That's it! Now you can manually start and stop limbomedia as a service or enable and disable to start on system boot:
#Start/stop manually systemctl start limbomedia systemctl stop limbomedia #Enable/disable autostart on bboot systemctl enable limbomedia systemctl disable limbomedia #Check status systemctl status limbomedia
A really nice little tool for running linux things in background is screen which basically creates and manages virtual terminals you can always hook on and off while they're running in background. If you don't know it yet, give it a try. Even if you're not using limbomedia you should know this tool as linux user! Here's a small introduction: HowToForge - Linux screen.
If you see strange characters or character combinations like Ã¶,0xF6 or � in your webinterface or if you have problems with special characters like ü,ö,ä,é,&,ß,æ in texts and filenames or if shown times and dates seems to be wrong, you most likely have a missing or wrong configured so called system locale. The locale is managed by the OS and must be set before starting limbomedia. When running limbomedia as a normal user this is usually no problem since locales are set for user sessions on login. When running limbomedia as system service there's a chance that noone set the locale before your system service is started.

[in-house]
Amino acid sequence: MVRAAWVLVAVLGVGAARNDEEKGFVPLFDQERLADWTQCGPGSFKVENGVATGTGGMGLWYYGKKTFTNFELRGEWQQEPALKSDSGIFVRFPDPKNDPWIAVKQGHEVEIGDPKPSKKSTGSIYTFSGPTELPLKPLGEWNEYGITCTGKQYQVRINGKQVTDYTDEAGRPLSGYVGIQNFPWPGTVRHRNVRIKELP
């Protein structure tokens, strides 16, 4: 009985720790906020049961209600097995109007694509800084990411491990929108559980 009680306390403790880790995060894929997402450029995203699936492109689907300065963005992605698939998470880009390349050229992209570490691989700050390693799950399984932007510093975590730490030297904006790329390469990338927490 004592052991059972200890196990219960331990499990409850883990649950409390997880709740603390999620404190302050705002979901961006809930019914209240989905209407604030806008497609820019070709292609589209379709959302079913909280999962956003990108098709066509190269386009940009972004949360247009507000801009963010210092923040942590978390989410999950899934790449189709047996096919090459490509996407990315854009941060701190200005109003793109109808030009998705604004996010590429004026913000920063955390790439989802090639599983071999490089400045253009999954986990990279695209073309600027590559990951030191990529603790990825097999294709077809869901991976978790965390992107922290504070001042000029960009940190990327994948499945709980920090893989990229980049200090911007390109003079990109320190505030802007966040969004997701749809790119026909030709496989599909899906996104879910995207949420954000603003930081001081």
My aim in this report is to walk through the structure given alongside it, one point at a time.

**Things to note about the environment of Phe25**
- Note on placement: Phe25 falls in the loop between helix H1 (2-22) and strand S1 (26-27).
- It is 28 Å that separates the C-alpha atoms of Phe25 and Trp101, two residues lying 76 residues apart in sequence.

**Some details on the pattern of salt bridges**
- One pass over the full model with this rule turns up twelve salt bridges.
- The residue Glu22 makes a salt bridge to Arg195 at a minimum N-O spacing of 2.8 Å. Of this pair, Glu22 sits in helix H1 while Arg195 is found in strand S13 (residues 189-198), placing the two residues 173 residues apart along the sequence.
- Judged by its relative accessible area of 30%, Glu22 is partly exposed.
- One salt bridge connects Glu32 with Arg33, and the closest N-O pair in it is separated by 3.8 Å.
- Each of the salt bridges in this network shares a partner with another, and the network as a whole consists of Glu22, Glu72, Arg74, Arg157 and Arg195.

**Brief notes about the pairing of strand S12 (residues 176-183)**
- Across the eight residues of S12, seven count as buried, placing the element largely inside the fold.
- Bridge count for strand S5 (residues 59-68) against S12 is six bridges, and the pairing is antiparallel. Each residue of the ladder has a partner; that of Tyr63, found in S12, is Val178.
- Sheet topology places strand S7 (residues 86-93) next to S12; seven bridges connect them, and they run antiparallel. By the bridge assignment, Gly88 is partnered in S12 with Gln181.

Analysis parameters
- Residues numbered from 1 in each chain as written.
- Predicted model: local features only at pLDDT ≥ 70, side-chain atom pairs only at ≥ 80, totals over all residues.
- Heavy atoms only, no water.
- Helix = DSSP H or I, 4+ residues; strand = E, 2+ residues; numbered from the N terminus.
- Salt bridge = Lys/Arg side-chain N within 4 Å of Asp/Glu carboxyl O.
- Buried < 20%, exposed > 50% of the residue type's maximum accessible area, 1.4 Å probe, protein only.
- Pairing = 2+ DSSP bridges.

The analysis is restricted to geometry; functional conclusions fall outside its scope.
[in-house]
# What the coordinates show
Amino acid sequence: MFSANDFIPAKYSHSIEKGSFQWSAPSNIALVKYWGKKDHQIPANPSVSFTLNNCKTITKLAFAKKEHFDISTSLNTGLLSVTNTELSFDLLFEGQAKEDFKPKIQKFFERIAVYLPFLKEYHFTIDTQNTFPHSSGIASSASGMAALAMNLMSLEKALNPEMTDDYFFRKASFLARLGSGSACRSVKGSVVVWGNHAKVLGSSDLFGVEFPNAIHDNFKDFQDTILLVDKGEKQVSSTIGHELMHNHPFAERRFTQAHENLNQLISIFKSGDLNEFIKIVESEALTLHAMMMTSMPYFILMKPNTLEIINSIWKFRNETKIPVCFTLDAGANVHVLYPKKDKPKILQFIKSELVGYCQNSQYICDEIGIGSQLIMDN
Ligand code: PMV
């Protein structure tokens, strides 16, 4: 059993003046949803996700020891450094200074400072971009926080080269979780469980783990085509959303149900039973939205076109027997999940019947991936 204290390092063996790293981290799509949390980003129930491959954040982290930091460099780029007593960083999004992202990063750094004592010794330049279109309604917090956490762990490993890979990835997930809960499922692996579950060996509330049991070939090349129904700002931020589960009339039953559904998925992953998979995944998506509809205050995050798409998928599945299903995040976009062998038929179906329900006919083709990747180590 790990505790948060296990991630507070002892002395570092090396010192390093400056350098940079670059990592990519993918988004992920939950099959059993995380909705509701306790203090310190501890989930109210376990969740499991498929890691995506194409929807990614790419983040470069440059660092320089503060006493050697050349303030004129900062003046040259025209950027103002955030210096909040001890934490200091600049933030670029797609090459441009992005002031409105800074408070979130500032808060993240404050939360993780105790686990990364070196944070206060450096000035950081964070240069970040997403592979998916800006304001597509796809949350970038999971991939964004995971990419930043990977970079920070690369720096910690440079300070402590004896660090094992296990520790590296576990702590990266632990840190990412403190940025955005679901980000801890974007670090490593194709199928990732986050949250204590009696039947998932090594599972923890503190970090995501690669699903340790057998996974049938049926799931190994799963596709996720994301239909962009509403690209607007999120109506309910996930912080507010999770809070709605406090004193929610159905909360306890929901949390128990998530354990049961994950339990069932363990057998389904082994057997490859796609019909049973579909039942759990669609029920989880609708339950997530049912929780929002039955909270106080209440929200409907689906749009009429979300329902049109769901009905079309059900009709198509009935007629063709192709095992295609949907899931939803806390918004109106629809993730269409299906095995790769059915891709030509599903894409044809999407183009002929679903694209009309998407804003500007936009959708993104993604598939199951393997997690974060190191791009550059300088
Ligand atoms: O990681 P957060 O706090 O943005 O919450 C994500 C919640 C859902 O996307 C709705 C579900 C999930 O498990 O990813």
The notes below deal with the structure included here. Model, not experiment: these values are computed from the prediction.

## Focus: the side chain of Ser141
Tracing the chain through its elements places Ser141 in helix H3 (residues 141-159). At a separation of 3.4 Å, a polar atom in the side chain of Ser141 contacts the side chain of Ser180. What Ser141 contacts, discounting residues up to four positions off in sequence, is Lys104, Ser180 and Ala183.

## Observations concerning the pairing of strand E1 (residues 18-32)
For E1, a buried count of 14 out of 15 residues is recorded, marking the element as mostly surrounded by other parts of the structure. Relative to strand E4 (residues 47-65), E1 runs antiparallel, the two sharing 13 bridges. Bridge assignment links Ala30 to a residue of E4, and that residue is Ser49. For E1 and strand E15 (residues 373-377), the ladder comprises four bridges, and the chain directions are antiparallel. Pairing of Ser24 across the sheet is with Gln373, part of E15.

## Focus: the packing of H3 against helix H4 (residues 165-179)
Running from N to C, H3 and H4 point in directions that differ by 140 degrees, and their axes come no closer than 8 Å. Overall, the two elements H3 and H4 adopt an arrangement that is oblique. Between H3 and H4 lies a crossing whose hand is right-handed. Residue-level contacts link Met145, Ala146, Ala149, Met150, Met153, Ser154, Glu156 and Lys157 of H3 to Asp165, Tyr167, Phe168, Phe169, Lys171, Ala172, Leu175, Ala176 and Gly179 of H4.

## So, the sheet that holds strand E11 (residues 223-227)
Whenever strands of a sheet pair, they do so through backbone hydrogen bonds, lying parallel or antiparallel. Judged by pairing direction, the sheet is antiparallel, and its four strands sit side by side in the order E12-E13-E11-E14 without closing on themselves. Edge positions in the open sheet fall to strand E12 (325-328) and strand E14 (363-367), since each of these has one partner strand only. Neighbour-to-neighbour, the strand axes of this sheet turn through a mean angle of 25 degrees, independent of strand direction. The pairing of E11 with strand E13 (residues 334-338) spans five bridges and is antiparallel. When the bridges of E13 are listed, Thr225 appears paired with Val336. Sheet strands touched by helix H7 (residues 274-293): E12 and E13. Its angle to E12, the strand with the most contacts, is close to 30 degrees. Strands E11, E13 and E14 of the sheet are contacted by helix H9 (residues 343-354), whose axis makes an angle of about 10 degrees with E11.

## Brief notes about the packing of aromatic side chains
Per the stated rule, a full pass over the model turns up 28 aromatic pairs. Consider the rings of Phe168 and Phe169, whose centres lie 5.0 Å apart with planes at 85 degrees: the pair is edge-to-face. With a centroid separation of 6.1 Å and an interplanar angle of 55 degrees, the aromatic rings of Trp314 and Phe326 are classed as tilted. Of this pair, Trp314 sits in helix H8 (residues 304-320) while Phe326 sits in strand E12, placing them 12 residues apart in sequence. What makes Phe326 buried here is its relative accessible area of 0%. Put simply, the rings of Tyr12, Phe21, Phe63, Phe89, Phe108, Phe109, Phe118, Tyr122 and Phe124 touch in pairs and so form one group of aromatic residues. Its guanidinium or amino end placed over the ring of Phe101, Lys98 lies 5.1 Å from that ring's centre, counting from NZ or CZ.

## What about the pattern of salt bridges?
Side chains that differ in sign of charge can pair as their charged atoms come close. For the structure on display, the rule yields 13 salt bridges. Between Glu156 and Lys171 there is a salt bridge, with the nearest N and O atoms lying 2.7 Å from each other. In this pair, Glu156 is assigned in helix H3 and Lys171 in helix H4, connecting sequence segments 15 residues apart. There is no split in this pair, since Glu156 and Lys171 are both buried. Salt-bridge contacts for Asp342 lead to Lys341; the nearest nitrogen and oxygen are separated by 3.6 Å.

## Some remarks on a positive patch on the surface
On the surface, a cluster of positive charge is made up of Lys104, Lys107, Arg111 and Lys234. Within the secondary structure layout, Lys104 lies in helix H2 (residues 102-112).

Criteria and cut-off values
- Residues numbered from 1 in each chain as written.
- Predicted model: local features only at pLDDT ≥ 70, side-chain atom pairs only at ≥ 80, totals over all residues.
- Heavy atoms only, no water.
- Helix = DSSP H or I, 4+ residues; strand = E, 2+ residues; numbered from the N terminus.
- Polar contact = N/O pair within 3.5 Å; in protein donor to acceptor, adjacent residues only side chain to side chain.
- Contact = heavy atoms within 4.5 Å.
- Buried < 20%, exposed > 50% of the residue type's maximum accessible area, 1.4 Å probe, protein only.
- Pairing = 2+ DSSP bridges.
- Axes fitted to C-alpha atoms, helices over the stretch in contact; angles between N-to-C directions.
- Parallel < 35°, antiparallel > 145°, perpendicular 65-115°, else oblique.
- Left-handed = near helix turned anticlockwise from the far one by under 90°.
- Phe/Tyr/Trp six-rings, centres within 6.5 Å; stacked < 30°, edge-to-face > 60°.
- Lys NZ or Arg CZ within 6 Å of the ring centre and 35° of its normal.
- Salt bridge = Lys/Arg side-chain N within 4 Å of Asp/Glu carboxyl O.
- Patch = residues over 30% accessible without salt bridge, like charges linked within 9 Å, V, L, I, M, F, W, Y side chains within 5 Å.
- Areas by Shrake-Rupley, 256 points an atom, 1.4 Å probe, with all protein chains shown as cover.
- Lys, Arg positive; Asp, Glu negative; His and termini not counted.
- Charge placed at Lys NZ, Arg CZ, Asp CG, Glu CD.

On limbomedia startup charset, file encoding and timezone are logged in one of the very first lines. This might look like this:
#Typical linux output: OS environment: Charset: UTF-8, File encoding: UTF-8, Timezone: Europe/Berlin - Mitteleuropäische Zeit #Typical windows output: OS environment: Charset: windows-1252, File encoding: Cp1252, Timezone: Europe/Berlin - Mitteleuropäische Zeit
Timezone: If the printed timezone doesn't match your actual timezone you very likely see wrong date- and timestamps. Most obviously in logfiles and the webinterface as 'Added on' date. Time will differ as much as the printed timezone differs from the real one.
Charset/Encoding: Here's no right or wrong, but depending on your OS and what characters you want to support, another charset might fit better. Here's a general guideline:
On windows you should configure the timezone in your system control center or users language settings. The charset and file encoding cannot be set to UTF-8 by windows itself, so you need to start limbomedia using the following command:
java -Dfile.encoding=UTF-8 -jar limbomedia.jar
On linux the locale is configured through the system environment, so you need to make sure some variables are set before starting limbomedia. Here are some useful commands:
#Print current locale locale #Print available locales locale -a #Generate locale if the required one is not available yet. #On ubuntu it'll work like this: locale-gen en_US.UTF-8 #On arch linux you need to edit /etc/local.gen and then run locale-gen #Set locale (Before starting limbomedia if default locale isn't set or doesn't fit) export LANG=en_US.UTF-8 export LC_ALL=en_US.UTF-8